Mi Bodeguita del Medio

While my blog is named after a restaurant in Havana I hope to someday visit, here you will find musings, rants, political incorrectness, thoughts on Indian Nationalism, strong straight-forward opinions and tid-bits.

Wednesday, April 29, 2009

The Brown Parrot - Aravind Adiga

I have not read Aravind Adiga's The White Tiger, nor do I plan on reading it. Just as my reading list will never include any garbage written by Arundhati Suzanne Roy.

Why I won't be reading/buying it? Read the review below to see why.

This is what Gajanan, a regular commentator on Shantanu's blog, had to say about Adiga's novel:

"A Coffin for Dimitrios by Eric Ambler has the following quote: "In a dying civilization, political diagnosis is done by strange bedside manners. Awards and rewards are decoration of mediocrity by ignorance."

Amitav Ghosh wrote the Sea of Poppies which was nominated for the Booker Prize along with Adiga's novel. The literary content, the language etc was far superior to Adigas novel. Ghosh highlighted on the sins of the Raj about how Opium trade was used to make money and how India and China (Hong Kong) were exploited. This was precisely why this novel was turned down for a Booker as it exposed the cunningness of the Brits."
Here is a post from Shantanu B's blog that I'm reproducing below in full; its long but worth the read till the end.

This review of “The White Tiger” by Pankaj is one of the finest I have come across and would have easily made it to any quality magazine/ news-paper…except that it will not…

Please read further to find out why.

*** ”The Brown Parrot” by Pankaj Saksena ***

On 14th October 2008, the Booker Committee announced in London that Aravind Adiga will get the Man Booker Prize for his debut novel, ‘The White Tiger’. The writer, Aravind Adiga claims in an interview:
“At a time, when India is going through great changes and, with China, is likely to inherit the world from the West, it is important that writers like me try to highlight the brutal injustices of society”, he said, adding that the criticism by writers like Flaubert, Balzac & Dickens in the 19th century helped England and France become better societies.1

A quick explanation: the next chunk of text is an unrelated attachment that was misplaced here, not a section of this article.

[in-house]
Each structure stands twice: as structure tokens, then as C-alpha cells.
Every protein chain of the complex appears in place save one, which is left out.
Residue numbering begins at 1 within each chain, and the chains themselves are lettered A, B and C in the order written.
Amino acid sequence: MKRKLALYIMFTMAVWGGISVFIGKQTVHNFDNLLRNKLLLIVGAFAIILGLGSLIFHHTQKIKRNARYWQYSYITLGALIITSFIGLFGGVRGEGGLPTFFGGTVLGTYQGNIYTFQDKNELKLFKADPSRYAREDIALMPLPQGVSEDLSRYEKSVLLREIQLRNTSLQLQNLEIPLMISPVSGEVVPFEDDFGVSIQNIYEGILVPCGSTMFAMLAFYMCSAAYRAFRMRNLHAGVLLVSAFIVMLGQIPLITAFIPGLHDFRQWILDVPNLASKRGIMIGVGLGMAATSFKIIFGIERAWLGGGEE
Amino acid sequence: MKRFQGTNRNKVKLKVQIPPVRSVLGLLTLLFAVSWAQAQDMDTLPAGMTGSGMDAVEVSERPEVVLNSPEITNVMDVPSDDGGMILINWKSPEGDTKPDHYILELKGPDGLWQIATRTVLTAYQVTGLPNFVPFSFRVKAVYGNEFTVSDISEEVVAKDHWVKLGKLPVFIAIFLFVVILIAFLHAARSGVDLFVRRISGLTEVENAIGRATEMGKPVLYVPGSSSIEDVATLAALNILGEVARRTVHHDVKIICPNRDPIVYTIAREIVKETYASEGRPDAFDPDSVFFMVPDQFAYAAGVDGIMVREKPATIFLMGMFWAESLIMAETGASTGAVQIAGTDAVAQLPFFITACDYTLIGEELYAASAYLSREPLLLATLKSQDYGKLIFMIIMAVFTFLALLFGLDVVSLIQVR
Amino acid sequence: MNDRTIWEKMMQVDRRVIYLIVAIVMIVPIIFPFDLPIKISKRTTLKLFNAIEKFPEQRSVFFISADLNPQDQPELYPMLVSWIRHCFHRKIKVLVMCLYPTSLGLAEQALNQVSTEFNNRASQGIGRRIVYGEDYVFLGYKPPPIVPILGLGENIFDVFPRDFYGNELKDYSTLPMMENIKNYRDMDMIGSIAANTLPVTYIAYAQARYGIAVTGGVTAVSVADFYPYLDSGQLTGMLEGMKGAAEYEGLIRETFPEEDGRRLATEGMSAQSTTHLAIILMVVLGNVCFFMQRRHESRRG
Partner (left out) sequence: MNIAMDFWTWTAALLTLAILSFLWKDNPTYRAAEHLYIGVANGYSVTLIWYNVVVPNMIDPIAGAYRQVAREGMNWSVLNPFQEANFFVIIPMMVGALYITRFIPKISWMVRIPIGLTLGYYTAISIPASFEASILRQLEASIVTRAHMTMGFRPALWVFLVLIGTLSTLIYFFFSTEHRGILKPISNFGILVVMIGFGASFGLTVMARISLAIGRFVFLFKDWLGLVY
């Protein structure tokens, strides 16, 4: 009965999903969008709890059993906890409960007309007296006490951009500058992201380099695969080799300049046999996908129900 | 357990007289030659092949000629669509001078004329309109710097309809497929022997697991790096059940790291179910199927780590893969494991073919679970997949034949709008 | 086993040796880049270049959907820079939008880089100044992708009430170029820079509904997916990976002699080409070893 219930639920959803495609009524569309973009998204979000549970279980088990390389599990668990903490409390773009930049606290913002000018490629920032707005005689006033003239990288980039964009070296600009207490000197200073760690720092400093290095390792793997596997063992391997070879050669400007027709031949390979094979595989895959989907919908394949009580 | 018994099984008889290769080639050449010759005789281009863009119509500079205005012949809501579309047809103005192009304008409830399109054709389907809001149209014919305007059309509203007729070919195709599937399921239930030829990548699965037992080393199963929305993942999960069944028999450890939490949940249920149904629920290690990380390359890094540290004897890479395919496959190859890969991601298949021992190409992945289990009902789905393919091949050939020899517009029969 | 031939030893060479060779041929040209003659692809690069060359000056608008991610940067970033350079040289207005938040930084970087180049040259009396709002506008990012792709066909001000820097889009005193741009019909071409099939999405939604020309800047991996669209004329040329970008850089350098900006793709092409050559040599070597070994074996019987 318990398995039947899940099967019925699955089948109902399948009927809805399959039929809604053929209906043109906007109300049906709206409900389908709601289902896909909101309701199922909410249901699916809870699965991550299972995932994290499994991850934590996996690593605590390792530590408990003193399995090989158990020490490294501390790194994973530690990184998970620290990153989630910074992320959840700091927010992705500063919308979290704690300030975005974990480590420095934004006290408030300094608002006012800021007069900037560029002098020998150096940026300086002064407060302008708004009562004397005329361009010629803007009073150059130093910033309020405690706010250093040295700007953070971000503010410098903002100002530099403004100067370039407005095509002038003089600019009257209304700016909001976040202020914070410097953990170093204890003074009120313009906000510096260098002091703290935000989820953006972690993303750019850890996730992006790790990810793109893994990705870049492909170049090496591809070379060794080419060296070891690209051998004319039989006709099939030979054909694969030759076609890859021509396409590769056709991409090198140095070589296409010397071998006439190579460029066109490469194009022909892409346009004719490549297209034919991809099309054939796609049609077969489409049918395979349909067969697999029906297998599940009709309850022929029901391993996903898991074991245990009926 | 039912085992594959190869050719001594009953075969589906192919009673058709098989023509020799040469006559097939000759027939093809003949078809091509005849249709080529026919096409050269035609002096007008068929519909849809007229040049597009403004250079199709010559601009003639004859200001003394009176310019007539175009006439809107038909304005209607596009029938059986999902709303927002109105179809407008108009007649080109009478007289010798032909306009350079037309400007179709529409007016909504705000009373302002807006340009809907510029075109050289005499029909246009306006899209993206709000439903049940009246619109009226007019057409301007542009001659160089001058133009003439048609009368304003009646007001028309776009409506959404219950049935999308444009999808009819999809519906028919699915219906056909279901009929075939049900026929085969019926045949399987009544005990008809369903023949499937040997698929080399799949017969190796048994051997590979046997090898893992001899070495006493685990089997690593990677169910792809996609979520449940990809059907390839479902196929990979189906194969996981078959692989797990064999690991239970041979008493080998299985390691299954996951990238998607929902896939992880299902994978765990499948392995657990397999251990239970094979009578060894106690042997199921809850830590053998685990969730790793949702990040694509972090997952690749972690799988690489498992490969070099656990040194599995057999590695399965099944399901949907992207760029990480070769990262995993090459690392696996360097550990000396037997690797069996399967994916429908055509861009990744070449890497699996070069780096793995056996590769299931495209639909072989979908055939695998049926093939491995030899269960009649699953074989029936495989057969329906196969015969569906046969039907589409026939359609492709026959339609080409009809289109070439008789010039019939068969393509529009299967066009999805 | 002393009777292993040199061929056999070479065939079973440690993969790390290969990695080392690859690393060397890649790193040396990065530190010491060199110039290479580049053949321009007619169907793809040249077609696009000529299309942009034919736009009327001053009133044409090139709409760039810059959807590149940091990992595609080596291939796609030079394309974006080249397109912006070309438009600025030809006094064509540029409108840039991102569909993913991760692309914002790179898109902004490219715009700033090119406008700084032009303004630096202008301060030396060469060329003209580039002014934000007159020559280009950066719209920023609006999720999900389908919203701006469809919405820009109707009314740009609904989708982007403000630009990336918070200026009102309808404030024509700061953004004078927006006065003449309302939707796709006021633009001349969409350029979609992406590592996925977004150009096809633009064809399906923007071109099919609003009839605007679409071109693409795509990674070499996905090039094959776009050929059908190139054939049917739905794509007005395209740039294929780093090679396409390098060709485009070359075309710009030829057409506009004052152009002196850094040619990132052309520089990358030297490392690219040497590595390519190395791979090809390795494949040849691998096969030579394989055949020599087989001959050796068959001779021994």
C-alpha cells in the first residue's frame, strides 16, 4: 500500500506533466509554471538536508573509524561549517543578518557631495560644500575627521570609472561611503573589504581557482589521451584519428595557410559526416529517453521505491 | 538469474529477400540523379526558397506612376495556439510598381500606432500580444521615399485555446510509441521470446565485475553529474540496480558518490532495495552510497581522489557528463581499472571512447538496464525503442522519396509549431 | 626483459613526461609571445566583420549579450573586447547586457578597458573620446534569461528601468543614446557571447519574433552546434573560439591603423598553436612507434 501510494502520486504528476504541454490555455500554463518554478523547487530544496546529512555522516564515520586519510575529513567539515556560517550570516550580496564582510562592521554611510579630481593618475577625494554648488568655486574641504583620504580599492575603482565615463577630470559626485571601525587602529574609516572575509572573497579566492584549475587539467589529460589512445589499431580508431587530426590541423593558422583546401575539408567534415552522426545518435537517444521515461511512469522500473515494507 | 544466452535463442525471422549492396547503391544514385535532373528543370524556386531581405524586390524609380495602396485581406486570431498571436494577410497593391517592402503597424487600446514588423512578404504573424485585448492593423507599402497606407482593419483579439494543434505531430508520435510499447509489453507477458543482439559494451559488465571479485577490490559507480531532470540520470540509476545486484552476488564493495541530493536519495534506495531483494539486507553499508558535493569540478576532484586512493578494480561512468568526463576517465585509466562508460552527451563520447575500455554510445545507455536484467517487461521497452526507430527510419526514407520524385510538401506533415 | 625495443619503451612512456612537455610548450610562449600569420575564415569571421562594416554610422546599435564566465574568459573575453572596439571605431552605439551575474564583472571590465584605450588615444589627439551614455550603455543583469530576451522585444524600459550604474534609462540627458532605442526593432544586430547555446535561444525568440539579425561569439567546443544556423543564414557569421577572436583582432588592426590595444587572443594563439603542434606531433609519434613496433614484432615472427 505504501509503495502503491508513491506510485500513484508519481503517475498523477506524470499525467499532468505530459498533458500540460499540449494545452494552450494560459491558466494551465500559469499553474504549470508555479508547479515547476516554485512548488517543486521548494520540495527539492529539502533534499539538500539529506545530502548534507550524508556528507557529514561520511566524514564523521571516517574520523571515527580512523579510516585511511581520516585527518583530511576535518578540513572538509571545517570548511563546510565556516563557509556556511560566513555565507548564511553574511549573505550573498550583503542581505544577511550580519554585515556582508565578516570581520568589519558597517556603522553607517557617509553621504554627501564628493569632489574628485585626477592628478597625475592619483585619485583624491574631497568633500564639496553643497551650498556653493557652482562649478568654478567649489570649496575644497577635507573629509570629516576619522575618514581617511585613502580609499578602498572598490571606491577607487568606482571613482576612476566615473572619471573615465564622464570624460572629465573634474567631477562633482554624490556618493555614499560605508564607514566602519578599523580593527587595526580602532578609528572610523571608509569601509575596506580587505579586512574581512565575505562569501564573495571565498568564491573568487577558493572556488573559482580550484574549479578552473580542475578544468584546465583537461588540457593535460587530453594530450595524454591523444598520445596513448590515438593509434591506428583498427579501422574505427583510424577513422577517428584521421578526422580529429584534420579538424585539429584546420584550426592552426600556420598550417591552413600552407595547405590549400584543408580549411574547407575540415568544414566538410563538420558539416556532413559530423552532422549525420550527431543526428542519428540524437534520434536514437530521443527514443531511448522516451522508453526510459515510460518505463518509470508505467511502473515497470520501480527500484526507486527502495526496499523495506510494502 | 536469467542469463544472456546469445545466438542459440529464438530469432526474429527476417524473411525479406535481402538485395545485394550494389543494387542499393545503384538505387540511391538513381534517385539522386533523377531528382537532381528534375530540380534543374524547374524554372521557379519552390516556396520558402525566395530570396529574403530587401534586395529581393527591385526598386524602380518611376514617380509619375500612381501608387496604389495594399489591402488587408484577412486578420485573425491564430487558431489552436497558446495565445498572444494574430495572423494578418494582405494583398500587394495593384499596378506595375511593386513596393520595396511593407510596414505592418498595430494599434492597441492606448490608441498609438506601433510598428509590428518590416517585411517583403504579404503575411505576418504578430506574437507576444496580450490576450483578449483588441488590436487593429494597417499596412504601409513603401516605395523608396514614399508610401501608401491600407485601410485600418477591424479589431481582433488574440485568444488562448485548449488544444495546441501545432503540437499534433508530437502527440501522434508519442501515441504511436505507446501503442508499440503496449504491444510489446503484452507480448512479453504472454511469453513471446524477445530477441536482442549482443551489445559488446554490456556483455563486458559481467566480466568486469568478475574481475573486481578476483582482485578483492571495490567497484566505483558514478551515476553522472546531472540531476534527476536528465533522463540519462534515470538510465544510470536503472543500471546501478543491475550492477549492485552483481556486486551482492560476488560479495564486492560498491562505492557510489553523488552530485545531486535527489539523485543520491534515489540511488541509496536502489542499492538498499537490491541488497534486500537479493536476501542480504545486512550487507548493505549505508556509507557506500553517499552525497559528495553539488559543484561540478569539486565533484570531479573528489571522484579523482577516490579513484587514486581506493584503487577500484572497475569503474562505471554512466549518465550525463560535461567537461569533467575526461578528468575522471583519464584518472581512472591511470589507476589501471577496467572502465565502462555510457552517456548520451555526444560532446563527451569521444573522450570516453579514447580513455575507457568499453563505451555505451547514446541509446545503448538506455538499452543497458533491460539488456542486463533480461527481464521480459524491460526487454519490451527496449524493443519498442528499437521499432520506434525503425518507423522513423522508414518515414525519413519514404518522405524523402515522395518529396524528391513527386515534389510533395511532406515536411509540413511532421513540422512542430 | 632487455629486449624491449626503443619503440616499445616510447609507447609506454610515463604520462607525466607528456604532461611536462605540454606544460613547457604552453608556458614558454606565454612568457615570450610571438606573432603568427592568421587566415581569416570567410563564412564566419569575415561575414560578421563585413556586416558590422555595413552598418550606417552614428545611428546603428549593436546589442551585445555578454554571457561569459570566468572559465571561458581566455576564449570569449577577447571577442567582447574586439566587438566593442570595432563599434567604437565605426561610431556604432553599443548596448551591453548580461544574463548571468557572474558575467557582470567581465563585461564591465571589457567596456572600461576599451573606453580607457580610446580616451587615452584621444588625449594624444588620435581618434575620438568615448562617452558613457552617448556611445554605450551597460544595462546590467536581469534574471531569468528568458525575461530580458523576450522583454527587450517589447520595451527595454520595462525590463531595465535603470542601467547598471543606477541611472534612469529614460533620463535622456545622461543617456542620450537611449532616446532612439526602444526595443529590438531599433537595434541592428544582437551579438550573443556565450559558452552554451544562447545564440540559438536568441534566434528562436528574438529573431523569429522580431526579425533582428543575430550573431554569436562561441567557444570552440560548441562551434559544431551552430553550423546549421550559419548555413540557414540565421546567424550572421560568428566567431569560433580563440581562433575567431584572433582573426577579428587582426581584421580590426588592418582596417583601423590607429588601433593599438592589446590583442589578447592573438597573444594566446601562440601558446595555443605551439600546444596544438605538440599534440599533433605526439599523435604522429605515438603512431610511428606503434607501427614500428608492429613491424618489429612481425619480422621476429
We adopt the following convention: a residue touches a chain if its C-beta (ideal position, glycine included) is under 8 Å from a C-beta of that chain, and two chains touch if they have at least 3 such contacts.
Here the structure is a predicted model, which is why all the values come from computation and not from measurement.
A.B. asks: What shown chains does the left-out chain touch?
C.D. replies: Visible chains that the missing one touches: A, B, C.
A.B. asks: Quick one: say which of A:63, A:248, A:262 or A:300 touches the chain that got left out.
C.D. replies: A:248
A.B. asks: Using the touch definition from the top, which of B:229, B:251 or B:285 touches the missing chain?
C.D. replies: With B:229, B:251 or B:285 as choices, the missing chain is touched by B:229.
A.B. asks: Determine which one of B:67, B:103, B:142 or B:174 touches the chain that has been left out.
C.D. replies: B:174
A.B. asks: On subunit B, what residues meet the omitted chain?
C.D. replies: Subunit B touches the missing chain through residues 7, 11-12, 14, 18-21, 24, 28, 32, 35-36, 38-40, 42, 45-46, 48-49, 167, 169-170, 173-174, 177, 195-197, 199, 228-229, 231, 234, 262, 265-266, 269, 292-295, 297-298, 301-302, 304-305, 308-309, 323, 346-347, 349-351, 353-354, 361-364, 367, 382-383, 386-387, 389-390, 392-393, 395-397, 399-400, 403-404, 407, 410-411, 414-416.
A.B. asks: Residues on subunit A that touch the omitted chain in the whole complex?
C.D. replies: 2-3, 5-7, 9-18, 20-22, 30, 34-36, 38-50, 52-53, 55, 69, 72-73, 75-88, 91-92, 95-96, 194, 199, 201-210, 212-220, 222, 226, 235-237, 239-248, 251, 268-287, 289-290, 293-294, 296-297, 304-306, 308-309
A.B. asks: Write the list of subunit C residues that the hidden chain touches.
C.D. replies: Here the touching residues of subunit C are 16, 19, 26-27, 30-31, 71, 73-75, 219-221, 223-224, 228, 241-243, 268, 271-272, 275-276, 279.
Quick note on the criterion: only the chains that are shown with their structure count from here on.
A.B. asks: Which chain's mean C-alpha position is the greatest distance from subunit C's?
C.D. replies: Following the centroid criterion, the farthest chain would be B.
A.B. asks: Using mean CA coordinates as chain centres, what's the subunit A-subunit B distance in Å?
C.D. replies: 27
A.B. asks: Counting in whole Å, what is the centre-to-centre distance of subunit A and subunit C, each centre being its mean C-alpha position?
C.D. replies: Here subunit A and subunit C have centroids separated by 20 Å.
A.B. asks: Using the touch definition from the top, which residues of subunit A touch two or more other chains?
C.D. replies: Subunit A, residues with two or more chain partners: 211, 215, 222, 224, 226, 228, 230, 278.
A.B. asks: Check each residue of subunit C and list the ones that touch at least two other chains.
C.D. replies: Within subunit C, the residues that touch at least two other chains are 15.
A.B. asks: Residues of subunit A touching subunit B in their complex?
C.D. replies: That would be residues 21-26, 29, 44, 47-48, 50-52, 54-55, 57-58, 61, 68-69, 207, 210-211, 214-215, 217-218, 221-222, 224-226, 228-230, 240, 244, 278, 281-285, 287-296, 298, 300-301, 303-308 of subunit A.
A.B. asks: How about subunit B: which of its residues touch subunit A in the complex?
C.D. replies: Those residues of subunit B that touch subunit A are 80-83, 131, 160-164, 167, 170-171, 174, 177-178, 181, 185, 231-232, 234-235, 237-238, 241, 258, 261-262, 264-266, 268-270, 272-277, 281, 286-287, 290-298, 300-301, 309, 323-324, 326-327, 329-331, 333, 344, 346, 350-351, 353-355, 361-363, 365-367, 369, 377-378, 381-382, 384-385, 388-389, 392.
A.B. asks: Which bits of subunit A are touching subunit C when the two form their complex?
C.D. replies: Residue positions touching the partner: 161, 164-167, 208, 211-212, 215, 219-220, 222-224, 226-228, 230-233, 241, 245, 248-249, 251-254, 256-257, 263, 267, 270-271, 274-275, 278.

In a single breath, Adiga takes upon his young self, the huge responsibility of highlighting all the ‘brutal injustices’ of India, while feeling proud enough to compare himself with Flaubert, Balzac and Dickens.

One should be cautious while making self‐comparisons with great personalities. Dickens wrote about London & the English society as it was, with no ideology to guide him. Almost all of his characters from David Copperfield to Oliver Twist have an autobiographical ring.

Adiga, on the other hand, is thrice removed from the society and the events he talks about in his book. Born in a metropolitan, Chennai, educated in Australia, the UK, and the US, he has nothing in common with his protagonist, Balram, who is a ‘low‐caste’ driver from Bihar. But the un‐authenticity of narration doesn’t bother Adiga. In fact, he thinks it is quite a duty of a writer to go beyond his own experience; to take a leap beyond reality; to plunge into pure fantasy. He
believes in writing by remote‐sensing.
I don’t think a novelist should just write about his own experience. Yes, I am the son of a doctor. Yes, I had a rigorous formal education, but for me the challenge as a novelist is to write about people who aren’t anything like me.2